You’ll be relieved to hear that, to date, there have been no documented cases of transmission of COVID19 via clothing or shoes. Most household laundry detergents are sufficient to kill any traces of the virus when doing the washing. So, you won’t land in the soup!
Here’s what the publicly available information tells us about COVID and preloved clothing. Clothing is low risk. As an airborne virus, it is known that droplets, where evident, can land on all sorts of surfaces. And, depending on the surface, experts estimate that the virus can survive for a few hours to a few days. We all know that hard surfaces like metal and plastic can provide a haven for the virus for up to 2-3 days, but the good news is that clothing, which is more mesh-like, is not considered a material conducive to its survival.
What about shoes? By their very nature, shoes tend to be dirtier than clothing. In ordinary circumstances, shoes are more likely to carry bacteria and contaminants around. Nonetheless, experts agree that shoes are an unlikely source of transmission of the virus. What we do with our shoes is already protective…we already manage them as dirty objects and they aren’t high touch areas when being worn.
When shopping secondhand wearables it’s likely that the clothing – depending on where you shop – has been laundered and aired. Personalised marketplaces, where the owner of the clothing and shoe collection is right in front of you, can give you the opportunity to ask the questions you need about their collections to ensure you feel safe. You can take comfort in the knowledge that their pieces aren’t an unknown quantity. At these kinds of markets, experience tells us that stallholders generally take pride in displaying quality, clean and well-looked after pieces.
The bottom line. We all know that direct transmission from person to person is still believed to be the primary form of exposure, and there’s minimal chance of the virus surviving on clothing or shoes and being transmitted to others.
Sourced from articles by: Gigen Mammoser, April, 2020 and Katie Conner, June, 2020
What’s been happening since March 2020 in the world of clothing…and where to from here?
Let’s start with the time of social isolation. Pyjamas bottoms were a go-to look. Many a zoom attendee admitted that while the top seen on screen was smart, the bottoms off-screen were PJs. Comfort was what we craved, and it was great for our wellbeing. We still shopped online, with some brands reporting up to an 80% increase on normal sales. But what we bought reflected our new reality. We wanted to pamper ourselves. Shoppers ordered cosy pyjamas and slippers. The e-tailer also saw increases in relaxed activewear and effortless pieces that have been comfortable to wear around home, from loose pants to hoodies.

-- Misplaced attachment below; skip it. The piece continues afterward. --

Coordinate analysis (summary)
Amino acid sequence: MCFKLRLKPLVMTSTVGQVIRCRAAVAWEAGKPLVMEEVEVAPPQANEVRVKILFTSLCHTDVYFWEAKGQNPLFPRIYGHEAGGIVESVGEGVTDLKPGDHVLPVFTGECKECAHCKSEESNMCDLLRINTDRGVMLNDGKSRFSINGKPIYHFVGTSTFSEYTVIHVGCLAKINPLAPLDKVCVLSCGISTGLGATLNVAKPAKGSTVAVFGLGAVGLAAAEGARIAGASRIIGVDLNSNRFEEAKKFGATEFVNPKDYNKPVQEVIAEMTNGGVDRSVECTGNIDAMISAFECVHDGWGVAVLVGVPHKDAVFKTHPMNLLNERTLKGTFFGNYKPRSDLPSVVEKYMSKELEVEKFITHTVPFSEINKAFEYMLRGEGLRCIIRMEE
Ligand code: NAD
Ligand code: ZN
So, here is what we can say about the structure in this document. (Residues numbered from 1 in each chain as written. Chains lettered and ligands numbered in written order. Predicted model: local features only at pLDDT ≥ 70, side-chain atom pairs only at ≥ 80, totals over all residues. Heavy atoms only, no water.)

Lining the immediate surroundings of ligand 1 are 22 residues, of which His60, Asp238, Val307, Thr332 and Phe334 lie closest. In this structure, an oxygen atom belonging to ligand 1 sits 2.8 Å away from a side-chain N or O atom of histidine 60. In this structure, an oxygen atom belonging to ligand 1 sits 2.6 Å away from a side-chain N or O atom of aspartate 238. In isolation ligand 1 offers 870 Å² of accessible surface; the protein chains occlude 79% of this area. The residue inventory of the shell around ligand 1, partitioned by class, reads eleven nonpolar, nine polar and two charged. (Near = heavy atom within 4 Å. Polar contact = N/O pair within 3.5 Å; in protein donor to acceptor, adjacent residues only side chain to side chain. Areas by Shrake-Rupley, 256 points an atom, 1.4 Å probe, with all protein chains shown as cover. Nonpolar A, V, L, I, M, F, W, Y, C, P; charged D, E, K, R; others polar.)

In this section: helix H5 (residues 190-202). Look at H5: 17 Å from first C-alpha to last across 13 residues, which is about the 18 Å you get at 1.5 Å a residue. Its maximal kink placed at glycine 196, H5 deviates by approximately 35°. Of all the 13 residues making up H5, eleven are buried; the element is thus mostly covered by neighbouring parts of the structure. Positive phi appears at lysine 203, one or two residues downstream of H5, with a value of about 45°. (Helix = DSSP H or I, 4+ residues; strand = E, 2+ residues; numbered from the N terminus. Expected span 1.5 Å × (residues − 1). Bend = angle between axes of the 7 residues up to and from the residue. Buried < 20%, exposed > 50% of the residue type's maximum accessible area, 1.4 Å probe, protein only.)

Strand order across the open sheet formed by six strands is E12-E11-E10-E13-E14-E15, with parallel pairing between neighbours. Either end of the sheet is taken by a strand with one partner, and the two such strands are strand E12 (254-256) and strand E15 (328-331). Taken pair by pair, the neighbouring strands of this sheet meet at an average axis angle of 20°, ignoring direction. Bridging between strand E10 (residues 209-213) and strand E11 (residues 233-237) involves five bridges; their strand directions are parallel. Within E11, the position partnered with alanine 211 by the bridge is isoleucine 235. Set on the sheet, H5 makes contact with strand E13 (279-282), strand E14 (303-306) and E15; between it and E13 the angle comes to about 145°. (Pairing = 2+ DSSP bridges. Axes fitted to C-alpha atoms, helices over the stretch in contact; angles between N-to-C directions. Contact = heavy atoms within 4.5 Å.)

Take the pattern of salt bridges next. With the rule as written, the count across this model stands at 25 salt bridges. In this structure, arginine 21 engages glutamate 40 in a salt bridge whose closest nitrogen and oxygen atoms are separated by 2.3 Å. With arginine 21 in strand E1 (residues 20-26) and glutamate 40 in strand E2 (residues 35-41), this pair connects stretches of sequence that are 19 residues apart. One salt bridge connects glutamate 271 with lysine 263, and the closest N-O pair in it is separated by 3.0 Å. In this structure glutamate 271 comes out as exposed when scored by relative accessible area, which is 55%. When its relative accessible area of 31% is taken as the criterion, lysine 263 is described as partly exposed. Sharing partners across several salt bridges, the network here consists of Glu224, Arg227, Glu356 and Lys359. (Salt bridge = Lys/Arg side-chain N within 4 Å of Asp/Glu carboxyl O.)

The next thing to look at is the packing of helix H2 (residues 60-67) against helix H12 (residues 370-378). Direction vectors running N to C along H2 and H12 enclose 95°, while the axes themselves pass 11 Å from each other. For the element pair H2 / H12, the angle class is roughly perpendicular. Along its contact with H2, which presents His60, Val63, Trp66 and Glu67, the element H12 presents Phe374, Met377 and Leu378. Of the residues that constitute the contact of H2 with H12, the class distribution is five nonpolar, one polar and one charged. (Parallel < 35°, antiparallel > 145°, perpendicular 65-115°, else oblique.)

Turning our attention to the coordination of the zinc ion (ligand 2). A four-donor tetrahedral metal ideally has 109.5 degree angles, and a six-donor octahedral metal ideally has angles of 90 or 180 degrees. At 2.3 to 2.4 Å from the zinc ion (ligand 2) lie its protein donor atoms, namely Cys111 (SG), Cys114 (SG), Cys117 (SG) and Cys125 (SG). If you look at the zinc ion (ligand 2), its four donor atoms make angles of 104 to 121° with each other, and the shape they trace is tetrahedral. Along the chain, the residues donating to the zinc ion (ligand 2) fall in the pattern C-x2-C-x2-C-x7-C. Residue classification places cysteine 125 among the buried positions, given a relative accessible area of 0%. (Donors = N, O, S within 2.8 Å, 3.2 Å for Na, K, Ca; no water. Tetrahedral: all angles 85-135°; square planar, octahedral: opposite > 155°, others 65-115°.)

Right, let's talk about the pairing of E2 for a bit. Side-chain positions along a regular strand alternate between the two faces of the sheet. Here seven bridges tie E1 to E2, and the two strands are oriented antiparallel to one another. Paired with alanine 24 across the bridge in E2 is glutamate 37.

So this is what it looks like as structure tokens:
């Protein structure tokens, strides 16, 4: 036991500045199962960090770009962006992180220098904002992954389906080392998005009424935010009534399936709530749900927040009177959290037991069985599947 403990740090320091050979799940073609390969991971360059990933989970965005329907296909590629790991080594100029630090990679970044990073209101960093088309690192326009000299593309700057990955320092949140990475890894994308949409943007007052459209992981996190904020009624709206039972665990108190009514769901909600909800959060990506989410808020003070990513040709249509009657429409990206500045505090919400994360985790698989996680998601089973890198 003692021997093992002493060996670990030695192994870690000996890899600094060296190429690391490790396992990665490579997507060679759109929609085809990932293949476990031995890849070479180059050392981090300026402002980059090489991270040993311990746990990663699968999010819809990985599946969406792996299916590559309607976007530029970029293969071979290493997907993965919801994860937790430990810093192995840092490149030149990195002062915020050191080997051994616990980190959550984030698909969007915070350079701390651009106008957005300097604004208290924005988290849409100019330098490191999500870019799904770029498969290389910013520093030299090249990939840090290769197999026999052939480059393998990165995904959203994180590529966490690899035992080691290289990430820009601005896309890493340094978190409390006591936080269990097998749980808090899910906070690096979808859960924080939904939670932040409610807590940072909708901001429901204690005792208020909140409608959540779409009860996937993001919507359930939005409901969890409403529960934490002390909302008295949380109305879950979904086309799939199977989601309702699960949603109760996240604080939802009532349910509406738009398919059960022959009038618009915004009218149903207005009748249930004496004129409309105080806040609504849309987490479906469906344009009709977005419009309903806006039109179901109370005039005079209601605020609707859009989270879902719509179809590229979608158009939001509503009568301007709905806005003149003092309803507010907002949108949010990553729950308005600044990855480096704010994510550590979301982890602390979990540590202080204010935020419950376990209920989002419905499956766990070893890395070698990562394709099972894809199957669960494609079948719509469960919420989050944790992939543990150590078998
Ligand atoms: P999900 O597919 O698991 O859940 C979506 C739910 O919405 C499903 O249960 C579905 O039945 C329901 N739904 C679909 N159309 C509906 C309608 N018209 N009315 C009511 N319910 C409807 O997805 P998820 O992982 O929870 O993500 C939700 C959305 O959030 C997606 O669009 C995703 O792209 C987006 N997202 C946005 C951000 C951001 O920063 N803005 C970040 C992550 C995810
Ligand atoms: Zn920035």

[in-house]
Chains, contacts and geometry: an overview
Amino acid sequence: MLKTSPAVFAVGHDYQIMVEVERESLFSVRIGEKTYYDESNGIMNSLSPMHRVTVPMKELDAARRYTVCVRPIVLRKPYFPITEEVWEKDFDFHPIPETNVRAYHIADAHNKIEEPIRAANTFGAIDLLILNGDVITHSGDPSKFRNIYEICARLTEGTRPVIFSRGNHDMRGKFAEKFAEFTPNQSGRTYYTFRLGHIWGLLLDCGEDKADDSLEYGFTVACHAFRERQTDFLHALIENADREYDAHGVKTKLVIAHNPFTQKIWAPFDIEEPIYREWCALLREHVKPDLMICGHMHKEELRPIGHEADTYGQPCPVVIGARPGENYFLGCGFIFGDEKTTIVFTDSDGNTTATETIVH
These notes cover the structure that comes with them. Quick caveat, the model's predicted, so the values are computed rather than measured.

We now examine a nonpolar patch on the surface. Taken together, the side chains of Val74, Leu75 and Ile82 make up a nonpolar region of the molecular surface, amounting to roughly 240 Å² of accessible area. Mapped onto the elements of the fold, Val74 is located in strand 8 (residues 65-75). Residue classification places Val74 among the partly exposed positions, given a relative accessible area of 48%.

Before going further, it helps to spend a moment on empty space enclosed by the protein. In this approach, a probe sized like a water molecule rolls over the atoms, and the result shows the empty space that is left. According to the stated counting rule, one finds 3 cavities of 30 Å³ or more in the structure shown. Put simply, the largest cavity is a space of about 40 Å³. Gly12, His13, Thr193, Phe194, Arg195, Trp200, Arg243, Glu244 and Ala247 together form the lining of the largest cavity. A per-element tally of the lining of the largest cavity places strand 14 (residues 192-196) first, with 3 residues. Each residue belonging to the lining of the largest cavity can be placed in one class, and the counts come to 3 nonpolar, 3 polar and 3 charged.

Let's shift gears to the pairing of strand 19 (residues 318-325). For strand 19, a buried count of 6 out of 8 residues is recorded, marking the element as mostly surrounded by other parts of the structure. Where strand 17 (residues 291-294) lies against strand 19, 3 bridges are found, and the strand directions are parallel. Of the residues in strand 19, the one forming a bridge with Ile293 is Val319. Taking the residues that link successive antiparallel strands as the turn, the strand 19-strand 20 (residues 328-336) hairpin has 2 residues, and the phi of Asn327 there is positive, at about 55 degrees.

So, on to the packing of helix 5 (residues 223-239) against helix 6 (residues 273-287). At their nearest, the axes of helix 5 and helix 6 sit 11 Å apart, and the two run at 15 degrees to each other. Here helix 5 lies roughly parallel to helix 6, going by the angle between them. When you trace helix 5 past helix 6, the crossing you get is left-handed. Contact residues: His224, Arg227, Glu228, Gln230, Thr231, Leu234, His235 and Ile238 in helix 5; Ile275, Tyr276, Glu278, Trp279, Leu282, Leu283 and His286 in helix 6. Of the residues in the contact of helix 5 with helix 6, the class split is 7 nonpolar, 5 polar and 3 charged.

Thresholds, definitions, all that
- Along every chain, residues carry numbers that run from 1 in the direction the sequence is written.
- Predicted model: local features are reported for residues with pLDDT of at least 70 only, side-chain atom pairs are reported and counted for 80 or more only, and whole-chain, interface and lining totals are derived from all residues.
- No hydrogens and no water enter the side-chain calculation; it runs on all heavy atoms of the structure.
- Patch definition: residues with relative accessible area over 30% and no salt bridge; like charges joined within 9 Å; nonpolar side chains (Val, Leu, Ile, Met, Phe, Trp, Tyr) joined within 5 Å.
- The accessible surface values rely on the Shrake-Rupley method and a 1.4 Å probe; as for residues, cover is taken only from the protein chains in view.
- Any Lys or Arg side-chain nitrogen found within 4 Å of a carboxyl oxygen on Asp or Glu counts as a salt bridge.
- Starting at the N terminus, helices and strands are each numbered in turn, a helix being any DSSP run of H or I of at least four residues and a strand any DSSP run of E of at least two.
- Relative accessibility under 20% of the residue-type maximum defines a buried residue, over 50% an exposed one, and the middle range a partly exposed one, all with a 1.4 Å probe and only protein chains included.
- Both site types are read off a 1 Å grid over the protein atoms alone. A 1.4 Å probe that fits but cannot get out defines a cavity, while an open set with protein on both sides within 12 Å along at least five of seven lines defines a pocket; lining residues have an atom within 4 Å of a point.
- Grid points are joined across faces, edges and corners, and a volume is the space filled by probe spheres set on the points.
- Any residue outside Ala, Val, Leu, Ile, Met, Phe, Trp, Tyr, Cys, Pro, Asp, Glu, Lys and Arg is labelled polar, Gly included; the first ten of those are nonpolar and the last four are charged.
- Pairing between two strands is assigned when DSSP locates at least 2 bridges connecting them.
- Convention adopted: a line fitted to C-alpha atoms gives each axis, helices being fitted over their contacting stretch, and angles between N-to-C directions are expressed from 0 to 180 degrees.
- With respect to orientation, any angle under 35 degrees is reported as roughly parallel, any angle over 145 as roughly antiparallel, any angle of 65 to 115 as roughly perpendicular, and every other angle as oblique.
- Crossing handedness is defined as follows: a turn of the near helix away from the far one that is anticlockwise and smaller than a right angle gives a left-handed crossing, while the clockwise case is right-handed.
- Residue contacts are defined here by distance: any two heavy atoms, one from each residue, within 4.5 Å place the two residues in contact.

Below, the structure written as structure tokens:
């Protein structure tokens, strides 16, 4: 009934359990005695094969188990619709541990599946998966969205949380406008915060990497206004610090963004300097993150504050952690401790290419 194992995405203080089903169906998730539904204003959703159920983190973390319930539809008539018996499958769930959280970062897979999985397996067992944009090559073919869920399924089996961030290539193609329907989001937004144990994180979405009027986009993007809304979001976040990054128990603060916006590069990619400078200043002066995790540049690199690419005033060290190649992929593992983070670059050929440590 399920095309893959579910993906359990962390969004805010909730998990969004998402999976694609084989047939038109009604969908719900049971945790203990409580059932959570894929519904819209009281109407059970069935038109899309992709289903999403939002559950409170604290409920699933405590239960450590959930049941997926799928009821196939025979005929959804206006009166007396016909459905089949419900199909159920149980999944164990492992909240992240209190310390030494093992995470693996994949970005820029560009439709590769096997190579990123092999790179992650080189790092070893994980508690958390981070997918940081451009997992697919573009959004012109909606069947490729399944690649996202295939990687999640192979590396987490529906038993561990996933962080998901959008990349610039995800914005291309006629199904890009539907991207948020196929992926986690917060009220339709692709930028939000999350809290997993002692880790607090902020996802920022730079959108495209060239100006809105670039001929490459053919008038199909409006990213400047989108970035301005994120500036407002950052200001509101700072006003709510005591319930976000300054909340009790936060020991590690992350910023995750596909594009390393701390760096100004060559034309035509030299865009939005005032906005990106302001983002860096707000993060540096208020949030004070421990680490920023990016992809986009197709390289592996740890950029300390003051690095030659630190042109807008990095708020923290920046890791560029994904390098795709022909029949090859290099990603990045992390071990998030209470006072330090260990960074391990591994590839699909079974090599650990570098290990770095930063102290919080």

But what’s happening as we transition back into the world beyond WFH? Will we pick up the sort of shopping habits that we did before – that drove buyers to purchase 80 billion garments a year? Or will that I-need-a-new-dress-for-Friday-night thing, the shopping-for-entertainment thing, the idea of an “It” bag or a “must have” feel frivolous, unimportant, and unnecessary? It seems investment items will be high on the list, whether a great coat, a pair of timeless boots or a statement piece. It’s now about access to beauty, longevity, integrity and things that are meaningful.
The question is, how do we invest in better pieces with tighter budgets? The economic slowdown is affecting our wallets. The answer, is it’s now very chic to repeat! With all the time we had on our hands, we got to survey what we owned, and put it back into circulation – in our lives, or someone else’s life. Imagine the collections coming your way!
If you haven’t already, think about smartly whittling down what’s in your wardrobe, keep what you cherish, and move on what you’re ready to part with. The notion of wearing something only a few times is old-fashioned, and it’s clear in everyone’s consciousnesses that purchases should have a longer life. It makes sense to spend more on a quality classic, unique piece that works with much of your wardrobe, than on the one-occasion dress. The dollar per wear wants to be low. The new context is: wardrobe curation replaces trends.
As we all know, clothing can bring pleasure, but it shouldn’t be a passing moment of pleasure, it’s time to make more memories in the things we own.
There has been a “quarantine of consumption”. And, the big realisation has been that we need much less than we ever thought we did, and we need to think harder about what we do consume — including what we wear. We’re not even halfway through 2020, but the new decade has so far demanded a radical and urgent rethink of how fashion is manufactured and consumed. Ambitious efforts to tackle waste, from renting clothes to shopping sustainable labels only, were already driving change pre-COVID19, but this reset has been the waste-conscious wake-up call we’d all been waiting for.